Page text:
Soon after that game was held, Argos executive chairman and CEO Chris Rudge called Rhodes and asked who he should contact about playing in Fort McMurray. Given how the Pan American Games are going to be spread throughout Southern Ontario, there wasn't any facility where the Argos could play their home games.

No worries, said Rhodes, who threw in a condition that if the Argos were coming north to open their season – as the home team, no less – they had to play the Eskimos.

"We want to be northern Alberta's team starting from Red Deer up to the top of Alberta," said Rhodes. "We looked at this as a fabulous opportunity allowing us to develop our brand."

That doesn't mean everything has been flawless in this northern adventure. Less than a week before the stadium's official opening on June 16, the Regional Municipality of Wood Buffalo council had to approve a $4.3-million request to cover added construction costs to achieve LEED gold status. [Leadership in Energy and Environmental Design certification assures the stadium has addressed public health and environmental concerns.]

As for their part, the Eskimos have acknowledged they are going to lose money playing in Fort McMurray. The team can easily average 40,000 fans a game at Commonwealth Stadium. Extrapolating that over two games, Rhodes said the Eskimos will lose between $150,000 and $300,000. He described it as "investment money in our brand."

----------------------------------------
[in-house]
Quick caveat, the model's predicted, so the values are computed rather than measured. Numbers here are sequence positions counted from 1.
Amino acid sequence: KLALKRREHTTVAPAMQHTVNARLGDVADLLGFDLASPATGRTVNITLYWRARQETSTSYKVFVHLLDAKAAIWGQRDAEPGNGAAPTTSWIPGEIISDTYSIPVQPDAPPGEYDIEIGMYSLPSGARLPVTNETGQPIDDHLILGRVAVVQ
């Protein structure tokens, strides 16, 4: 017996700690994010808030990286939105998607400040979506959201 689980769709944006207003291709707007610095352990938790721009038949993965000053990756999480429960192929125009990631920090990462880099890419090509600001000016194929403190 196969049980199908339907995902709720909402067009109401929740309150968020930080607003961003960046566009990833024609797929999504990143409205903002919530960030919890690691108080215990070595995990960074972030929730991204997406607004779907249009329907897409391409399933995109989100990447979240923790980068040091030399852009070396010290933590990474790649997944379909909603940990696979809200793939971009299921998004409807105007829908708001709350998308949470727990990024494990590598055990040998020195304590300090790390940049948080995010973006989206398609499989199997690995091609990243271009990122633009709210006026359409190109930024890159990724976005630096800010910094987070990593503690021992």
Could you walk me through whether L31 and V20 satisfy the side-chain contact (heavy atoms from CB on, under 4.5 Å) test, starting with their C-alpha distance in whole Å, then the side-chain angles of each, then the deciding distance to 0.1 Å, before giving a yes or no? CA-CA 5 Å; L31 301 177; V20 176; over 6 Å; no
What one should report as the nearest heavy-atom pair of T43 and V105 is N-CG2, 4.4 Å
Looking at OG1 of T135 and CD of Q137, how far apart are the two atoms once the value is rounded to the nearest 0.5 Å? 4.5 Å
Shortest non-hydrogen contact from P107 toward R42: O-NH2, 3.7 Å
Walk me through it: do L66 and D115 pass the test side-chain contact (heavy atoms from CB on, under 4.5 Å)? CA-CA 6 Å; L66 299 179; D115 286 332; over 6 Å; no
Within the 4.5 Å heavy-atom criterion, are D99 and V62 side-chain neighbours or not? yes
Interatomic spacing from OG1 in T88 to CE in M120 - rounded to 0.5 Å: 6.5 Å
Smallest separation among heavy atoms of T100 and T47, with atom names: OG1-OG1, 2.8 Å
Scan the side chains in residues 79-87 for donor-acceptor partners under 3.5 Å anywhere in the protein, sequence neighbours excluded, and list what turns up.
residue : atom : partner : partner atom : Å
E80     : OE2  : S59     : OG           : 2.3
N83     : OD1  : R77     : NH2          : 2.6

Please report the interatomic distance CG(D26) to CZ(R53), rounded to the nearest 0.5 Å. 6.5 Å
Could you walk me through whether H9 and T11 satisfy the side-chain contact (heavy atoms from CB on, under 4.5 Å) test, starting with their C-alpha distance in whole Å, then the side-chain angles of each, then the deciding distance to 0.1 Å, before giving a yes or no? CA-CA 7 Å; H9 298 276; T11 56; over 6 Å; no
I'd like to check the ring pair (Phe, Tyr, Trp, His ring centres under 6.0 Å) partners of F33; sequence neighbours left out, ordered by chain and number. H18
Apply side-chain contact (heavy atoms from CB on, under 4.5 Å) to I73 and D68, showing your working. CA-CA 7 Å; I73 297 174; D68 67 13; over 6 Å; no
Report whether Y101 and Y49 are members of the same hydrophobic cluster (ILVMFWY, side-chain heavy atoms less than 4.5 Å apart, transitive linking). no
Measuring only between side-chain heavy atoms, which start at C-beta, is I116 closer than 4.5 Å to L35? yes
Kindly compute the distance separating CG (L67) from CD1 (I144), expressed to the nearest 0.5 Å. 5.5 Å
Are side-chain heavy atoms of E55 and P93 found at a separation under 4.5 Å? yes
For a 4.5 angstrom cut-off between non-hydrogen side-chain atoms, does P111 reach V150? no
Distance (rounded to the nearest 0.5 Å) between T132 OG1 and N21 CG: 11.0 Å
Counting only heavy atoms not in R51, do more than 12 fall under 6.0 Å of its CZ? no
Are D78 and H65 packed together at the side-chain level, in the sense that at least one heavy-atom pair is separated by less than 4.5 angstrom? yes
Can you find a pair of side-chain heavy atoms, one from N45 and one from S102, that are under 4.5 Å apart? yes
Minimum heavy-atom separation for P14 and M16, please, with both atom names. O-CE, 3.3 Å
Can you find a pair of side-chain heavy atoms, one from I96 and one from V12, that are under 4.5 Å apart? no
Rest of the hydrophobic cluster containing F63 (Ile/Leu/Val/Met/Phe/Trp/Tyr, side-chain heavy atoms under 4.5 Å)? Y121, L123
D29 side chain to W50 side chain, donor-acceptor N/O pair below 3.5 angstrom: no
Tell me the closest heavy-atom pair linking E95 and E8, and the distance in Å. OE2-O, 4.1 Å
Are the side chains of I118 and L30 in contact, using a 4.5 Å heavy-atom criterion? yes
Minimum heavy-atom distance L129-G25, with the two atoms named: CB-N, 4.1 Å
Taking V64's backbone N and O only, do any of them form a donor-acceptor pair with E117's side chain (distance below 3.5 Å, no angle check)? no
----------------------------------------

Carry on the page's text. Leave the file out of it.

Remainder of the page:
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In the past two years, Osei's investment in his young players has sent four Holy Trinity grads to Canadian university teams. He and his fellow Fort McMurray coaches are staging a Northern Elite Football Camp this summer in preparation for the jump to 12-man football this fall.

That more kids want to play football is seen as another symbolic gesture, a sign of growth. What Osei wanted was to reach out to his football friends and former teammates for more Edmonton-versus-Toronto tickets. He wants his players to watch and learn. To dream big, too.

"I think this game is good for the community," Osei insisted. "It's not just about the oil sands and layoffs. Football is a way to keep kids out of trouble – more time on the field, less time on the streets. I can see these kids being inspired."